What streamed through the space that night was not Andrea Bocelli’s voice blasting open our hearts with passionate intensity. Nor the forceful compression of an official speech, where the thoughts and emotions of 2000 humans and their multiple devices bounced around the concrete walls to create a human-electromagnetic smog of excruciating proportions.
No. That night was a special night. On the stage before us sat a man who was recently shot in the chest and stomach, dragged himself into the forest, and survived.
His crime: protecting our Planet. Safeguarding one of the world’s last intact forest landscapes. Devoting his life to maintaining a stunning ecosystem, home to the endangered mountain gorilla: Virunga National Park, a UNESCO World Heritage Site in the eastern Democratic Republic of Congo.
In his introduction to Virunga, the documentary we were about to see, Emmanuel de Merode, the Park’s Chief Warden, far from even mentioning his own ordeal, matter-of-factly shared that 130 rangers had died over the past decades whilst protecting the park.
With the images that followed, it soon became clear that preserving Africa’s oldest national park, the continent’s most biologically diverse protected area, through years of civil war, an influx of refugees, in an area known for harboring a dozen armed groups with various agendas… is no small feat, to say the least.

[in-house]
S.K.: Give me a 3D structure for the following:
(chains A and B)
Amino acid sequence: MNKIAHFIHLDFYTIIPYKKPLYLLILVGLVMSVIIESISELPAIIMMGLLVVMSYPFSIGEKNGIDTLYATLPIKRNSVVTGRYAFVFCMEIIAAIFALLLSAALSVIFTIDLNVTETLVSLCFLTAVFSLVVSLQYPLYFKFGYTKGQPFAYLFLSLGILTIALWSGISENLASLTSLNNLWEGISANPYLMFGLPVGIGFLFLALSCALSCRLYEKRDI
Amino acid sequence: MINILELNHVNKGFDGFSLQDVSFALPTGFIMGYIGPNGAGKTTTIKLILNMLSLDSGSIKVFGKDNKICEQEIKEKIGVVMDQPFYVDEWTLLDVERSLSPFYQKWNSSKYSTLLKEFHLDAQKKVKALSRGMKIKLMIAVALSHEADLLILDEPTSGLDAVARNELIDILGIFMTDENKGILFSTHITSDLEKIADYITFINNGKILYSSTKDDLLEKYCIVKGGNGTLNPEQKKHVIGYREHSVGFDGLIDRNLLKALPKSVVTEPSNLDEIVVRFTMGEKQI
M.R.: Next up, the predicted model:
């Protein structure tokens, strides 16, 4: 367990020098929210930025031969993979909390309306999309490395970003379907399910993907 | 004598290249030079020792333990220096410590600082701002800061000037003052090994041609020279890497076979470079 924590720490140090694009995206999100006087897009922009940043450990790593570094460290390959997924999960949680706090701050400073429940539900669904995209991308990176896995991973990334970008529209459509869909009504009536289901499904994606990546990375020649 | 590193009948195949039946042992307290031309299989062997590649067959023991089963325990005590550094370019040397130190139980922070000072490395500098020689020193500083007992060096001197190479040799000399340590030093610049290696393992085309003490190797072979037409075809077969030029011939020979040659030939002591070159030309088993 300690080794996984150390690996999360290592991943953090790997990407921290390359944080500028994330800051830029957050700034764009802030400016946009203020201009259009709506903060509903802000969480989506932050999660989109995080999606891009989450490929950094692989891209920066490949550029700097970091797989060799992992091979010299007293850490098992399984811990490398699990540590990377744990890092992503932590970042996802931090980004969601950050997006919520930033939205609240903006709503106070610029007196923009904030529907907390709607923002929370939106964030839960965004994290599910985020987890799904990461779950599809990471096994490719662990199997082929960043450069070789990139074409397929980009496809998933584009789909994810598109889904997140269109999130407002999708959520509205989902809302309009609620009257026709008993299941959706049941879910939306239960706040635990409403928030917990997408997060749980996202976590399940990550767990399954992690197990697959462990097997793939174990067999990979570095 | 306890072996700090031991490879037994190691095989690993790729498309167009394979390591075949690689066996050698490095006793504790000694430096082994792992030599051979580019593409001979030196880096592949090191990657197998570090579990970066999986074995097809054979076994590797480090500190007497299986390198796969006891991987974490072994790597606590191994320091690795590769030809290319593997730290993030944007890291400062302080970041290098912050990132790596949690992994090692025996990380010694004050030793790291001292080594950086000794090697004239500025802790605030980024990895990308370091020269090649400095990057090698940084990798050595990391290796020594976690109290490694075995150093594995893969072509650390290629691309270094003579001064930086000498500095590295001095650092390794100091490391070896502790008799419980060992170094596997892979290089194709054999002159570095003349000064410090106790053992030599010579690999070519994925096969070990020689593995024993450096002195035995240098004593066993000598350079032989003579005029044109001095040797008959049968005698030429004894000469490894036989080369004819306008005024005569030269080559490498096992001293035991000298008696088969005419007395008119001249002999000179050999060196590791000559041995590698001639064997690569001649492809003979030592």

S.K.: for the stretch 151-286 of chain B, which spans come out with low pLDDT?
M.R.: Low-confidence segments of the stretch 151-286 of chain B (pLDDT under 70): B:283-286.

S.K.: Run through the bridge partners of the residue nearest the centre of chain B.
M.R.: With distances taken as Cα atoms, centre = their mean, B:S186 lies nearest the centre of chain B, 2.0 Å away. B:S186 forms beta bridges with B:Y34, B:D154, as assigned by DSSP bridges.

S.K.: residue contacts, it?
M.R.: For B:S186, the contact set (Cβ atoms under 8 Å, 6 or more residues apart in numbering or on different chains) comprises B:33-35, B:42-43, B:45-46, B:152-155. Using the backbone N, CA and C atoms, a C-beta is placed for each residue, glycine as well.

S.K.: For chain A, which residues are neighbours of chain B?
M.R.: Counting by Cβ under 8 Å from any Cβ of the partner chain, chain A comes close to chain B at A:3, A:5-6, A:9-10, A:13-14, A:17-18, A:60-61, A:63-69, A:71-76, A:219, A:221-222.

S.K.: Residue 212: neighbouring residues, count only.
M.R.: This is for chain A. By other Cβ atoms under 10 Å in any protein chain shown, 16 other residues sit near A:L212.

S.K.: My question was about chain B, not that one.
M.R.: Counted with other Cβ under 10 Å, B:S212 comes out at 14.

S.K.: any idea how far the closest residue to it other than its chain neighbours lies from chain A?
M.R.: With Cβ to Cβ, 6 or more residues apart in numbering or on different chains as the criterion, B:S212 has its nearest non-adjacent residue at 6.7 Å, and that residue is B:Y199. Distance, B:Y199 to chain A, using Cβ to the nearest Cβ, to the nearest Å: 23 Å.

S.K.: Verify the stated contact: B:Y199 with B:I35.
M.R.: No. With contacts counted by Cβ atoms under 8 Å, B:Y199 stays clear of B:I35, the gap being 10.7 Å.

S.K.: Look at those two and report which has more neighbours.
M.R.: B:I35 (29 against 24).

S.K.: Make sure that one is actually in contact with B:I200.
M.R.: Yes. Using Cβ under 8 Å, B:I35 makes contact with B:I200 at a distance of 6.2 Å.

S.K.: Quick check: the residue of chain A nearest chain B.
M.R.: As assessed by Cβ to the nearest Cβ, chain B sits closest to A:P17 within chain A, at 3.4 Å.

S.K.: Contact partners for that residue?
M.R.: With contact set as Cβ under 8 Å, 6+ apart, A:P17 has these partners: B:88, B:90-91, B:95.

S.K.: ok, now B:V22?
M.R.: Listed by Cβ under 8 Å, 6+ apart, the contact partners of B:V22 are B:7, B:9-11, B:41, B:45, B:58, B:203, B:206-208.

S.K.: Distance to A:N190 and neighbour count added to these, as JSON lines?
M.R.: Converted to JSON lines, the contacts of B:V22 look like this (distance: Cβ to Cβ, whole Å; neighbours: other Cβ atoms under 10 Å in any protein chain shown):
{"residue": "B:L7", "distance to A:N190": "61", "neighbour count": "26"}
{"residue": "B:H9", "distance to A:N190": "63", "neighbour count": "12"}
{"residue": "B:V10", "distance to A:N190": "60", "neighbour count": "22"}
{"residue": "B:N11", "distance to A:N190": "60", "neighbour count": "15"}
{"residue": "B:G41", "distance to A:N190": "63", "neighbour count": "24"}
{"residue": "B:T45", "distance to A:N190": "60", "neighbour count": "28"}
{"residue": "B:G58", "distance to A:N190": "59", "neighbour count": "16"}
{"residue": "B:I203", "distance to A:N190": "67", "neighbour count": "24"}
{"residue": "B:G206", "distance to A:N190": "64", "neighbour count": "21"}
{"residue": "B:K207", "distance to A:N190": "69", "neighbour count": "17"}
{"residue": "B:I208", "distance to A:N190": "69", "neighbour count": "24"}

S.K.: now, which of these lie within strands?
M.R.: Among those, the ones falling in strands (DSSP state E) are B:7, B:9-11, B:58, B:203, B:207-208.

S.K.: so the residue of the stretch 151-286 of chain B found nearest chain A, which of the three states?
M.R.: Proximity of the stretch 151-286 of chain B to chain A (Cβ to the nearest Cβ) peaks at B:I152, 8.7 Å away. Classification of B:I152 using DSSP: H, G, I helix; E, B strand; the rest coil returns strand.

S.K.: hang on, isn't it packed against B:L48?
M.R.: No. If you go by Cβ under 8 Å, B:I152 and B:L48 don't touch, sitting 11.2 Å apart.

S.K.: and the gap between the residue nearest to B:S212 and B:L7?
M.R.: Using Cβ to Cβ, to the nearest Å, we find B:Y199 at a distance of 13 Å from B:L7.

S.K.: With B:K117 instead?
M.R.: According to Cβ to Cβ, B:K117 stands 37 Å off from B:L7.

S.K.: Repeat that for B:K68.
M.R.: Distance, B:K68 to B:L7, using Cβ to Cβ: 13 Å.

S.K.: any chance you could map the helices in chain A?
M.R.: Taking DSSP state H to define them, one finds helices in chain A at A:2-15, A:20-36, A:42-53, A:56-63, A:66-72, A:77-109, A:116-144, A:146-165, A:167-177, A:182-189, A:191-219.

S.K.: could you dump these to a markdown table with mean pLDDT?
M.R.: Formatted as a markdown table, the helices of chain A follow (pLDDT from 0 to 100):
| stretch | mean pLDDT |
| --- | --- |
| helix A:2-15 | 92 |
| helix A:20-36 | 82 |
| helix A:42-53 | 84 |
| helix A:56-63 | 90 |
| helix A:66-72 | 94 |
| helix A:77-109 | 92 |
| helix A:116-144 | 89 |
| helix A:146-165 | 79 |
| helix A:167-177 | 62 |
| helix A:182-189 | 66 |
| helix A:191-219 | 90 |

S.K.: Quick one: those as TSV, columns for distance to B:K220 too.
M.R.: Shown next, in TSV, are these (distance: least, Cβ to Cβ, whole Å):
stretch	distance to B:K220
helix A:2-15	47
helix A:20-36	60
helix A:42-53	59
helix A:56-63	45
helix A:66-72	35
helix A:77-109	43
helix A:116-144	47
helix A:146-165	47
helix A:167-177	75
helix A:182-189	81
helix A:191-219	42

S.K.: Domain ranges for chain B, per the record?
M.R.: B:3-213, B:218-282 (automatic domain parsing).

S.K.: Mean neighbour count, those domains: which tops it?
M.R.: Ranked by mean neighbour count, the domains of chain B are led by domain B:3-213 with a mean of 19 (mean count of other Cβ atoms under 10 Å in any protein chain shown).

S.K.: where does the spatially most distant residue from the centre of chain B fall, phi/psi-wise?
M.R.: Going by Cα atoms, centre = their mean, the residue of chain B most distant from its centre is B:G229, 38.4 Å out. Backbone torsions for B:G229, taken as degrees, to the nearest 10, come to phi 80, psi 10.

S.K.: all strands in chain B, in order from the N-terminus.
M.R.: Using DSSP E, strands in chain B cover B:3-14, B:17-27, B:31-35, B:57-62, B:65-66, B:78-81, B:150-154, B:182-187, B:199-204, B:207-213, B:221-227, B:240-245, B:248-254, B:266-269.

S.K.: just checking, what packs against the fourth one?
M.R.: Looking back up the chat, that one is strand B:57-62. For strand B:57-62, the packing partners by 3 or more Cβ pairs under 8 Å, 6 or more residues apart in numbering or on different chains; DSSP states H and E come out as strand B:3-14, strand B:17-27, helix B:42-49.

Add to that blood-thirsty poachers and unscrupulous companies, seeing in the country’s turmoil and difficult governance a perfect opportunity to disregard existing international laws and make money from potential oil reserves under the park, and you get the picture.
But ultimately, the unethical appalling actions of the UK-based company featured in this documentary are not what surprised me most. Nor the opportunistic militias and mercenaries lost in their addictive urge for power and monetary gain. Imbalanced, self-destructive human behavior is unfortunately nothing new.
What touched me most is the beauty of soul, and depth of love of the rangers. Their willingness to give their lives, serenely, without a second of doubt, to the Planet they love. Their complicity with the gorillas, and depth of understanding of the absolute interconnectedness of Life at all levels.
What touched me is how deeply we can learn from our non-human companions. One night of conflict was enough for the sensitive young gorilla orphan to lie curled up on the floor and ultimately leave this crazy world. Had we not erected so many barriers separating us from our feelings and from each other, we would feel it too. And such destructive behaviors would never be possible.
I am deeply grateful to know that there are people out there like these park rangers. They lifted my heart and gave me hope. The stakes are high, and the environmental challenges we are facing are monumental. But as long as we each continue to stand up for what we believe, we may tip the scales back. In favor of Life.
If in doubt, watch the documentary… and keep at it, each in your own way.
Photo Credit: Morgan Trimble for Virunga National Park